Stock market

Above £13, is there any value left in BAE Systems’ share price?

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gave BAE Systems (LSE: BA) shares have more than doubled since February 24, 2022, when Russia invaded Ukraine. In the past 12 months, which also includes the start of the Israel-Hamas war on October 7, 2023, it has increased by 40 percent.

No one wants wars except those who start them. But defense companies profit from them, as do pharmaceutical companies from disease and infirmity, which no one wants.

Moreover, the purpose of high arms spending is to prevent wars through the effective effect of stronger defenses.

Defense budget ballooning

Many Western European governments believe that if Russia succeeds in Ukraine, it will continue to push westward.

That’s why in February, NATO members pledged to increase their defense spending to 2%+ of their gross domestic product.

The move follows US presidential candidate Donald Trump’s comments that his administration will not protect NATO members who fail to meet the target.

Germany’s IFO Institute has calculated that €1.8trn must be spent to compensate for 30 years of underinvestment in European defence.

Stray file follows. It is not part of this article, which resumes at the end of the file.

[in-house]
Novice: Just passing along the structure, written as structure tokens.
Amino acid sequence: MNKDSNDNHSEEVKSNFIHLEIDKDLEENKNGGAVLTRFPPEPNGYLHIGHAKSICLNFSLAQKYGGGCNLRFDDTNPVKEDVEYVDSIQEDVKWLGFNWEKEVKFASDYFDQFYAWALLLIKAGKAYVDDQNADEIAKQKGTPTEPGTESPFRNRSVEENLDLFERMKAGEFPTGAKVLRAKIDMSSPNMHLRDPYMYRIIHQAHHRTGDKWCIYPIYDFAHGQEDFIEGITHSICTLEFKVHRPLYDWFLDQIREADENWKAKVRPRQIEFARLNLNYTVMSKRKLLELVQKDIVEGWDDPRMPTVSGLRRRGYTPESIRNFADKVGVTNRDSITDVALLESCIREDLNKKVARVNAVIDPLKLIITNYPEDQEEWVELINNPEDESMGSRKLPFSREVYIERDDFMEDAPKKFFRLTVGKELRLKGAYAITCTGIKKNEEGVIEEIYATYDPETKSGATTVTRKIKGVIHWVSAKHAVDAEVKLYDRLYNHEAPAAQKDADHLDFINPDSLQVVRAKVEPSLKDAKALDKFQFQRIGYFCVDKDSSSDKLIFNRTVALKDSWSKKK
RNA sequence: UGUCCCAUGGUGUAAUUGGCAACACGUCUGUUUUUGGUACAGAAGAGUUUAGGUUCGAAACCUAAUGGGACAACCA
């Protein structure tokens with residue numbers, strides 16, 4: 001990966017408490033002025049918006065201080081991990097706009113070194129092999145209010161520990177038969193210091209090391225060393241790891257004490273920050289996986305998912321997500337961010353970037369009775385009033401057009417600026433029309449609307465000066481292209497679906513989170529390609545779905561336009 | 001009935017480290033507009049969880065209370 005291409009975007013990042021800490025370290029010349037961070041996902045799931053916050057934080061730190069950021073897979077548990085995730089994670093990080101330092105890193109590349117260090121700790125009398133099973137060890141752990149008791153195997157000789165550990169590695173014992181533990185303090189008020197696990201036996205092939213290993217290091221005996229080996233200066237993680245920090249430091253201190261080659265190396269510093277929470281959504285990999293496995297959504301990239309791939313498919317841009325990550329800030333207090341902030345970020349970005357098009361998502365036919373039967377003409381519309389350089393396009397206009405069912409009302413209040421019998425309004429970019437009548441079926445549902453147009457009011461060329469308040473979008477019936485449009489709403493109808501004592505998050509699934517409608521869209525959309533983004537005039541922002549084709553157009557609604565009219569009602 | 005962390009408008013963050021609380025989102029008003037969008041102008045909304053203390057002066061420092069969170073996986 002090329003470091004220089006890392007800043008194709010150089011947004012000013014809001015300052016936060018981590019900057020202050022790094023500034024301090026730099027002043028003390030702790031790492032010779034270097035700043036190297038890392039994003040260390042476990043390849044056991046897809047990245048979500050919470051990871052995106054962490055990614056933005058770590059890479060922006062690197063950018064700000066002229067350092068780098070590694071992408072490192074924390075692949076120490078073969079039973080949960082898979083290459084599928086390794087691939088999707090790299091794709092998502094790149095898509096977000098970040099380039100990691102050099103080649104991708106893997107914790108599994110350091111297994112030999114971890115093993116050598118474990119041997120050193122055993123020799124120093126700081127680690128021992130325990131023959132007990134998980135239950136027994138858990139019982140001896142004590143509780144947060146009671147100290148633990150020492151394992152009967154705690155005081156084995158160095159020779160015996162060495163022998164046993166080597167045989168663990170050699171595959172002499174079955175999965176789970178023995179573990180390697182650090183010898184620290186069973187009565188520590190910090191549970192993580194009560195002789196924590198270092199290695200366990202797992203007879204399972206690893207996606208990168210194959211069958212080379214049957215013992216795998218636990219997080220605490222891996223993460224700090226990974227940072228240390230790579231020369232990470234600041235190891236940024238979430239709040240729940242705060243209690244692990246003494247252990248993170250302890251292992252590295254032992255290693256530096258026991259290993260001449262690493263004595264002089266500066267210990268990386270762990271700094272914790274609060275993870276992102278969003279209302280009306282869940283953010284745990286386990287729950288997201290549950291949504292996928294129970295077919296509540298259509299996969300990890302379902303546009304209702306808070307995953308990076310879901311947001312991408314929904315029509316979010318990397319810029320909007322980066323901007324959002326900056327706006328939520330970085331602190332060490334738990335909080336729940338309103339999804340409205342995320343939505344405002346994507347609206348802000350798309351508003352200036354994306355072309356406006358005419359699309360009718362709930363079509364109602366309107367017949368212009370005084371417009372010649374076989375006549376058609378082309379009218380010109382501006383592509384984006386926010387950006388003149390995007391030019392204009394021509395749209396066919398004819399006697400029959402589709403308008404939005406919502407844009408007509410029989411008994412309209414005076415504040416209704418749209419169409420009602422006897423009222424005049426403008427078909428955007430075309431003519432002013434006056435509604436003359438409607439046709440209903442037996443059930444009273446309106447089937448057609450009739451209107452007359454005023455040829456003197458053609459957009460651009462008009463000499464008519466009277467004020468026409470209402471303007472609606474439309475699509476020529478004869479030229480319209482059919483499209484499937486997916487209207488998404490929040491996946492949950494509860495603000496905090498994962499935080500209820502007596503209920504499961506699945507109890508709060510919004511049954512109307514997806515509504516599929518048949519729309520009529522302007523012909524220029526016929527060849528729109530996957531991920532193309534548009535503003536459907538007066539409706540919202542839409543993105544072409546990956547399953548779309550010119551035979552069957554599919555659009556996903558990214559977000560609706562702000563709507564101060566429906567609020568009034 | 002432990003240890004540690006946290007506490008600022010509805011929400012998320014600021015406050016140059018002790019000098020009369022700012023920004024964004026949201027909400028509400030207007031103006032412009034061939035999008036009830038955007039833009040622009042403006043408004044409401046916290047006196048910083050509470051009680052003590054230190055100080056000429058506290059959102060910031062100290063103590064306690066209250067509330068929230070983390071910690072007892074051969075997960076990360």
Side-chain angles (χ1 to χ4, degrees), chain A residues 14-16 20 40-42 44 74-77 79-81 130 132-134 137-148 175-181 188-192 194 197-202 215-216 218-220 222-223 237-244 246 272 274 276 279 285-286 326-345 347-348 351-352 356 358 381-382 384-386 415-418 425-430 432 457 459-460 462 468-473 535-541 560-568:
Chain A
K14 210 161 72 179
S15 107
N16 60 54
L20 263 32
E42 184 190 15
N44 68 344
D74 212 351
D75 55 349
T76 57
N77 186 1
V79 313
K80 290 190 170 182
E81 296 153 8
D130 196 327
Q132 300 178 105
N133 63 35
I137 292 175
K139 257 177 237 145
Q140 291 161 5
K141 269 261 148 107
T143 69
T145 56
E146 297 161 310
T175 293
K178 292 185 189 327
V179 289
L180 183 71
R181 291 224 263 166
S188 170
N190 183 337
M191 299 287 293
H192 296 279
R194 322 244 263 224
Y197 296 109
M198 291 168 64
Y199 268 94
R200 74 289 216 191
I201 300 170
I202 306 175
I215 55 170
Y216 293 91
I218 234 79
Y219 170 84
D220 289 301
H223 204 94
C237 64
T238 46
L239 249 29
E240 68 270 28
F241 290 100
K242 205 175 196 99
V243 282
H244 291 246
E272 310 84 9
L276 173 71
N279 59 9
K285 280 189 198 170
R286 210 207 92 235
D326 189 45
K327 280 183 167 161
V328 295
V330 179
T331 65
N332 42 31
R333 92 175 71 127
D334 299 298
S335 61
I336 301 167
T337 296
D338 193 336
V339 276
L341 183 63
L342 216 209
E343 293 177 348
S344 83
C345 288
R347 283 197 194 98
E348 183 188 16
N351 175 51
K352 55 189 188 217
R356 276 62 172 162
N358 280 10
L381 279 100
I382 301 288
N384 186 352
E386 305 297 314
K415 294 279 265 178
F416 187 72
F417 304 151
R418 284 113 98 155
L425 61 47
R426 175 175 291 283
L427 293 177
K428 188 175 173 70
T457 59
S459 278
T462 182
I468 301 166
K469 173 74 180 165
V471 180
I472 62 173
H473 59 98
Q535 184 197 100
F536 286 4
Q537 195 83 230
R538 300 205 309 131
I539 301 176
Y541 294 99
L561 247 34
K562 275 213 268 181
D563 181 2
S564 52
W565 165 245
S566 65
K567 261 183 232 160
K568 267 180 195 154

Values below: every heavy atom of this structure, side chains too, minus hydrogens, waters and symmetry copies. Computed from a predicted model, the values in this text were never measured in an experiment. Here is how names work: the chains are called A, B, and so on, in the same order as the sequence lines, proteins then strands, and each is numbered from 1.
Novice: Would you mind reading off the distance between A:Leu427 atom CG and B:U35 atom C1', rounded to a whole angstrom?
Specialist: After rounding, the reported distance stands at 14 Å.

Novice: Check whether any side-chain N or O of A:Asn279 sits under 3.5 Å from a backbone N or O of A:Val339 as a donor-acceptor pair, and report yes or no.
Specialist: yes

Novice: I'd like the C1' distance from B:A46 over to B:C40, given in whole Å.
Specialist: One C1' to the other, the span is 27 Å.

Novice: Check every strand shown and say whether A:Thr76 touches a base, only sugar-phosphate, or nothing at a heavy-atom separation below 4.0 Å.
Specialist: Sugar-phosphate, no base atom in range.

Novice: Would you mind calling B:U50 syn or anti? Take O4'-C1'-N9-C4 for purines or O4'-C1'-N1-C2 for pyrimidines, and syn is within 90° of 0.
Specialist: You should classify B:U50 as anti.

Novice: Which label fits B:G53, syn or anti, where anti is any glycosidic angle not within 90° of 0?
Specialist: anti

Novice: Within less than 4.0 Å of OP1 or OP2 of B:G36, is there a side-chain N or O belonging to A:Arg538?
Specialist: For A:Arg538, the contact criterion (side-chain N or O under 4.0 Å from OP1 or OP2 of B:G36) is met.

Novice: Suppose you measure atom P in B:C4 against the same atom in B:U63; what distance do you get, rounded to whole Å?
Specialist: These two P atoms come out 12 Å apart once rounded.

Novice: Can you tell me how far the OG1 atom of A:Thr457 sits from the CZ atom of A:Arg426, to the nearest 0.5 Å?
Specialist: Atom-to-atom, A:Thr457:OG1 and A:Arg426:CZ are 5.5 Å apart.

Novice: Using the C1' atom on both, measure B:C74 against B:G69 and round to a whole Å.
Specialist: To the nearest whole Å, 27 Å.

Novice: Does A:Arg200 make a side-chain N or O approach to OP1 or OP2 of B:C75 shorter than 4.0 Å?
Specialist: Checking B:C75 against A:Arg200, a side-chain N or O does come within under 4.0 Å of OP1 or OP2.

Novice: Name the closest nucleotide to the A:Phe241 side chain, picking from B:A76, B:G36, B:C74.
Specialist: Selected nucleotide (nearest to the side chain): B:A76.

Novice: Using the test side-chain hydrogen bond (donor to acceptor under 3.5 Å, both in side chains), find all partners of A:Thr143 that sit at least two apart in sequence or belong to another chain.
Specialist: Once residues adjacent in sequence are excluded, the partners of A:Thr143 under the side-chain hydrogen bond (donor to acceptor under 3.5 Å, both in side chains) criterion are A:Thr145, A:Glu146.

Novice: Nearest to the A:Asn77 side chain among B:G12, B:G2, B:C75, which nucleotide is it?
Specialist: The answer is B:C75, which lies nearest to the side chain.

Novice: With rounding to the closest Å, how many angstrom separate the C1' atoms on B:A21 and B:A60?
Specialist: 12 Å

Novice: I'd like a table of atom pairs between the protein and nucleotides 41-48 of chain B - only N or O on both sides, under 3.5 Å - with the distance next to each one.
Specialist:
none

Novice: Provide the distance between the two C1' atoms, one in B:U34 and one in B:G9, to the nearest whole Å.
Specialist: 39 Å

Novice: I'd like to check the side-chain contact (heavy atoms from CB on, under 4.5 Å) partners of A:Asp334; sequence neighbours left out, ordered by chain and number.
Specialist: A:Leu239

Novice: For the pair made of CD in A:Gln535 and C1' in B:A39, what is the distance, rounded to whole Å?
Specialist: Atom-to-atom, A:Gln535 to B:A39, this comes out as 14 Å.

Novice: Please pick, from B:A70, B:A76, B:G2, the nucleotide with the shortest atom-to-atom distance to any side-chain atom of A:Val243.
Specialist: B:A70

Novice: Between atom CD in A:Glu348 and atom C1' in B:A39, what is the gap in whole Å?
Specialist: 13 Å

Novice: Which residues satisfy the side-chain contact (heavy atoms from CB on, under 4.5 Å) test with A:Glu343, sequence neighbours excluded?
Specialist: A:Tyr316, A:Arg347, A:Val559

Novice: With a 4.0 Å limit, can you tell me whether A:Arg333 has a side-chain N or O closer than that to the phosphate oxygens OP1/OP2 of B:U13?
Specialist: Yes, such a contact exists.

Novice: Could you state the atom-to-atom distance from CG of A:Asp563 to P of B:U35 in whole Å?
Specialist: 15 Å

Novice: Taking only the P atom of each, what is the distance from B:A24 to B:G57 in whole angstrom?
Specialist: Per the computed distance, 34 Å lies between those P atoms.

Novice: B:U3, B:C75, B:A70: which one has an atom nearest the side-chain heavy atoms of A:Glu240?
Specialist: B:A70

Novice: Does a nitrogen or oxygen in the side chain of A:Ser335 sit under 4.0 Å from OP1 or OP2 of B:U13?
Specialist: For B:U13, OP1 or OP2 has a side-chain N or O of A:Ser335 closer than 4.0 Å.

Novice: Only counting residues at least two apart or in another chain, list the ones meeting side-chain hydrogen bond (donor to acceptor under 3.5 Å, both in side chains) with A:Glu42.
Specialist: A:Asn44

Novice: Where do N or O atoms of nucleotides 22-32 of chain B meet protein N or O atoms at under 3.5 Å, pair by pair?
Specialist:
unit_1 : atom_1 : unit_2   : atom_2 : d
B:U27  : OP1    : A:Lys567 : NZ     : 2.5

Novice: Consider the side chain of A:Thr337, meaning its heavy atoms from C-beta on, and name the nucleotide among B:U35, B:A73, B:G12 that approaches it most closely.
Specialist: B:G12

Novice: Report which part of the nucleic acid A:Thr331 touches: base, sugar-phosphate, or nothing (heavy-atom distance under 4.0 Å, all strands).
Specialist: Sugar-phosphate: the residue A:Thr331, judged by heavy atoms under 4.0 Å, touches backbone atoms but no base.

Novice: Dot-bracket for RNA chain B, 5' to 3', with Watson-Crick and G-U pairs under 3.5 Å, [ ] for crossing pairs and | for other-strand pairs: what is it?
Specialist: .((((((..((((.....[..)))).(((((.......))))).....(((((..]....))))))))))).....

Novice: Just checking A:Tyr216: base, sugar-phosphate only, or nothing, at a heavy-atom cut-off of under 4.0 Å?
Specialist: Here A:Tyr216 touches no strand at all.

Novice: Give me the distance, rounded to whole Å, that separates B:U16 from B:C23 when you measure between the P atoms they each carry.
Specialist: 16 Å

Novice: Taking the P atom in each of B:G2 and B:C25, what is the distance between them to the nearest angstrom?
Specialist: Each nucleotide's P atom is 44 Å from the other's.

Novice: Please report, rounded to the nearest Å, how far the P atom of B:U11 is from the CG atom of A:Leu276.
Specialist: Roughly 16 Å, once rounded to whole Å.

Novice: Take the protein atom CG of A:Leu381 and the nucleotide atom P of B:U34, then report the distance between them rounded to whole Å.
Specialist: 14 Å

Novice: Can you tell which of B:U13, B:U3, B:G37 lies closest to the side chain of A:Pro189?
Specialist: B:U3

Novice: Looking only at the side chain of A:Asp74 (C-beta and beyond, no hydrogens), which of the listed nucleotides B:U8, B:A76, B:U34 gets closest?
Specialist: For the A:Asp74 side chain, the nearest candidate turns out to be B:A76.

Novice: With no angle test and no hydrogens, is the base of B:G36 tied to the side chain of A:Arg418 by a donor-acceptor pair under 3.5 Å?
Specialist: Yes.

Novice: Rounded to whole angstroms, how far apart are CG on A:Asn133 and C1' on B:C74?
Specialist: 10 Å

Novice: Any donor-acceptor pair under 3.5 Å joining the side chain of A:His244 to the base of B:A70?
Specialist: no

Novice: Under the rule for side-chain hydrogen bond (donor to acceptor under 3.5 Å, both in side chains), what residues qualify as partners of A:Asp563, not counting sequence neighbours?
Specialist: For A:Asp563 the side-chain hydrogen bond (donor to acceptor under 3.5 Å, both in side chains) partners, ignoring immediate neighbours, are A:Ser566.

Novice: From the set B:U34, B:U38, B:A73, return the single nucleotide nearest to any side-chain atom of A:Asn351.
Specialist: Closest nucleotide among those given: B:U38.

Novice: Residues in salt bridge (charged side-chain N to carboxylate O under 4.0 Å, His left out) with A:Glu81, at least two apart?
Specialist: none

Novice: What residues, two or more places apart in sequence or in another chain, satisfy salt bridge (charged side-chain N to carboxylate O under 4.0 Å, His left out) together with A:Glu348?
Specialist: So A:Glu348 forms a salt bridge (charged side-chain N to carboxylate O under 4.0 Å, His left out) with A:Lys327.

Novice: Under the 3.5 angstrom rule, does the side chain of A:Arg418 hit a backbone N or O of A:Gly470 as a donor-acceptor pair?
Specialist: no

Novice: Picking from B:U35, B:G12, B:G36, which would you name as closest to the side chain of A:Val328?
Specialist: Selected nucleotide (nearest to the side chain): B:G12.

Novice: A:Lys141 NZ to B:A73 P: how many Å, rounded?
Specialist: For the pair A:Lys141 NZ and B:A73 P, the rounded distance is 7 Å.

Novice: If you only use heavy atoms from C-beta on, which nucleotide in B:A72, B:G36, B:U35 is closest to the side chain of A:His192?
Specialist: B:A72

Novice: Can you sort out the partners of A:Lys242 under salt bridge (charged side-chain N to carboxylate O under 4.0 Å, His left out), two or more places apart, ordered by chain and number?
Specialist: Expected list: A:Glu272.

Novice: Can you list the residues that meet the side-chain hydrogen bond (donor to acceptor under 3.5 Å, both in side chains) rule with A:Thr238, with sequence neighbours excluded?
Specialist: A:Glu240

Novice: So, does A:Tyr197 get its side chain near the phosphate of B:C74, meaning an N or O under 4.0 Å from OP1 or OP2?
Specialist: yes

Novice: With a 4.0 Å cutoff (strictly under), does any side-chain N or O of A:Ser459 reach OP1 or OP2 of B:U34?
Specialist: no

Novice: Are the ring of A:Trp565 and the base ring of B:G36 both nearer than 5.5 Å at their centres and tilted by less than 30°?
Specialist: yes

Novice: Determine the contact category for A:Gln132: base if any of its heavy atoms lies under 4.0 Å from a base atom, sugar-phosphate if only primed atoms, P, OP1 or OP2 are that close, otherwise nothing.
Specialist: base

Large order book

Given this, rarely a month goes by without the announcement of some major new contract award to BAE Systems.

For example, May 2 saw it awarded an $87 million contract by the US Navy for repair work on one of its ships. The day before saw it win an undisclosed amount of contract to develop two major satellite projects for NASA. And on 24 April it was confirmed that it would be a key developer on Britain’s sixth-generation fighter, the Tempest.

These add to BAE Systems’ already growing order book. This rises from £48.9bn in 2022 to £58bn in 2023. In the same period, its order backlog increased from £58.9bn to £69.8bn.

These led to sales of £25.3bn in 2023 (up from £23.3bn in 2022), and operating profit to £2.6bn (from £2.4bn). For 2024, it expects year-over-year sales growth of 10%-12% and underlying earnings of 11%-13%.

One risk for stocks is that the world will become much safer, which we all hope. The other is any major redesign of the core product line, which would be very expensive.

However, consensus analyst forecasts are for annual revenue and earnings growth of 6.7% and 8.8%, respectively, through the end of 2026.

Earnings per share are expected to grow by 7.1% year-over-year to this point. And the return on equity is expected to be 18.7% by then.

Is there any value left in the shares?

Just because a stock has gone up in value doesn’t mean it has no value left. It may just be that the company is now more capable than before.

In fact, it could be worth more than the current share price. I think this is the case with BAE Systems.

Even with the dramatic rise in its share price, it trades on a key price-to-earnings (P/E) ratio measure of 22.3. It looks very undervalued compared to its peers, with an average P/E of 44.1.

It also looks very low on a price-to-book (P/B) ratio – trading at 3.9 compared to a peer group average of 4.6.

I already own the stock, but if I didn’t, I would buy it today for the low price, and strong growth potential.


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